Cautiously Optimistic: Urban Land Institute’s CRE Predictions for 2023

It’s that time of year again, and Urban Land Institute (ULI) and PwC have released their 2023 “Emerging Trends in Real Estate” report for commercial real estate (CRE) professionals to pore over. The report, which covers the US and Canada, lays out predictions for the coming year, based on the opinions of a broad range of professionals in the industry.

As many of us have been expecting, the combination of rising interest rates, a possible recession, and tapering investment returns means that we are sailing into tricky waters in 2023.

The good news is that despite these challenges, ULI reports that most CRE professionals remain “reasonably upbeat about longer-term prospects.” They add that survey respondents are cautiously optimistic that we will be able to “ride out any near-term slump” before a new round of growth and strong returns.

With that in mind, let’s have a look at some of the trends CRE professionals will need to navigate in 2023.

Overarching trends

The first prediction in this year’s report is that we should expect to see the market “normalize” in the coming year. Specifically, while property sectors like industrial cool off, there may be a counterbalance in hospitality and retail as they return to historic averages.

Meanwhile, the trend in the office market seems to be headed for its own “new normal”, but what that looks like remains uncertain. As one respondent quoted in the report put it: “I don’t think we’ll know the outcome of office until we’re through a recession and the power dynamics between employee and employer change. But we do know there’s definitely going to be less office demand.”

And while ULI cautions the actual level of decline is a guess at this point, most experts are predicting somewhere between 10-20% of office stock “needs to be removed or repurposed.”

Cooling capital

On the capital markets, front things are also likely to slow down, as the heightened CRE investor interest that we saw in 2021 to mid-2022 tapers away. The report notes that there are fewer investors on board for 2023 as lower returns, higher costs and debt, and general market uncertainty trigger a “reset” for real estate investing.

Worth noting is that the demand is still likely to be highest for investment properties in the industrial and multifamily sectors, along with “best quality” assets in retail and office. This certainly seems to hold up in terms of the “flight to quality” we’ve seen this year as companies pull out all the stops to get workers on-board with coming back into office.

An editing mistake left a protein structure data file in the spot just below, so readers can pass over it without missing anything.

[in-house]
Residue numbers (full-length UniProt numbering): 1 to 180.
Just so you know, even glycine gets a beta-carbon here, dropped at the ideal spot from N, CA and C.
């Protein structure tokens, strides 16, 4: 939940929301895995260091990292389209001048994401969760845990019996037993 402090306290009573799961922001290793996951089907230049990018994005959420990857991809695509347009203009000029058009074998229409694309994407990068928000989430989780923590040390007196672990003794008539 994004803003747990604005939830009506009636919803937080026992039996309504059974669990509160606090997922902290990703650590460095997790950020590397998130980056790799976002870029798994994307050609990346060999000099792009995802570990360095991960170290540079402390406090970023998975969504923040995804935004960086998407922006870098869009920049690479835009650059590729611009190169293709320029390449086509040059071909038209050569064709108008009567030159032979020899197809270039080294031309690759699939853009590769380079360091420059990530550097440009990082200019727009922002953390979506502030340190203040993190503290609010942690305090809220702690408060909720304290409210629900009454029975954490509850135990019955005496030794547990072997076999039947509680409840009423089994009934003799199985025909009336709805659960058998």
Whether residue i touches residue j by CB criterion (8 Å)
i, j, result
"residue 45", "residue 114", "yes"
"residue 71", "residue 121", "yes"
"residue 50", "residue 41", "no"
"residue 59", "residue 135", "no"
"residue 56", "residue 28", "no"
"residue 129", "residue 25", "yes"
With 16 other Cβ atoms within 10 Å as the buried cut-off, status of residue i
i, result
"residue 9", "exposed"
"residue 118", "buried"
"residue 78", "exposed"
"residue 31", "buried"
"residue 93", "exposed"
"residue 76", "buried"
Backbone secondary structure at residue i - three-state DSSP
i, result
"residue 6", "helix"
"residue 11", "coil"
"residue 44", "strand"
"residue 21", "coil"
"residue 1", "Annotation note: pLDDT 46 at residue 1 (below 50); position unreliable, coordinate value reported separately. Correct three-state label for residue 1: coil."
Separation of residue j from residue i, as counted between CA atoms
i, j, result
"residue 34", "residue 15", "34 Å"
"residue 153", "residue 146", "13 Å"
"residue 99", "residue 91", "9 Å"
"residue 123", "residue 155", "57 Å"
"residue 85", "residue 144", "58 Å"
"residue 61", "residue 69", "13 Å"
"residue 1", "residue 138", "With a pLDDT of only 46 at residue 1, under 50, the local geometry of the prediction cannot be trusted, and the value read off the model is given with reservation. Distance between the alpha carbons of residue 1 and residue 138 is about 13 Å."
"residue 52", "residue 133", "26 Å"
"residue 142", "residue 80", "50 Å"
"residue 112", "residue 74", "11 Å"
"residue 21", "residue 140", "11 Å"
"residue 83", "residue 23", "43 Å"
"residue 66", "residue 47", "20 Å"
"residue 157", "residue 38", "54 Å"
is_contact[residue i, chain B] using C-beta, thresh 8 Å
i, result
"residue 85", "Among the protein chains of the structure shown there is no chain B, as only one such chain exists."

In addition, niche property types, like medical office buildings and cold storage, remain a potential wildcard as more investors look to diversify their property portfolios.

Outlook up North

Caution from investors is also a key theme in Canada, as CRE companies find it increasingly difficult to access funding for new projects and developments. As the report points out: “… for now, the heightened uncertainty is leading many players to stay on the sidelines as they wait to see where the market, particularly when it comes to pricing and valuations, settles.”

At the same time, the growing drive to meet Environmental, Social and Governance (ESG) imperatives means that companies with a strong ESG focus are likely to have an easier time accessing Canadian capital.

Top US markets

The normalization trend seen for real estate sectors seems likely to play out across different markets as well. PwC reports that markets that previously outperformed are seeing a drop off, while some low-rated markets improve their standing.

Despite a modest retraction, however, the real stars of the show as we head into 2023 still seem to be concentrated in the Sun Belt. Metros like Nashville and Phoenix, which have gone from strength to strength over the last couple of years, are still viewed as top prospects by CRE professionals and investors alike.

A challenging year

As these predictions show, the environment CRE professionals face in 2023 is likely to be at least as challenging as what we’ve seen in recent years. We’ve already seen the start of price dips as markets begin to react to rising interest rates, and there are assuredly more challenges incoming.

What those challenges look like will of course vary between sectors and regions, and no single strategy is likely to be equally effective across the board. What remains true however, is that for the savvy CRE professional careful positioning, and a focus on fundamentals, will be integral to navigating the year to come.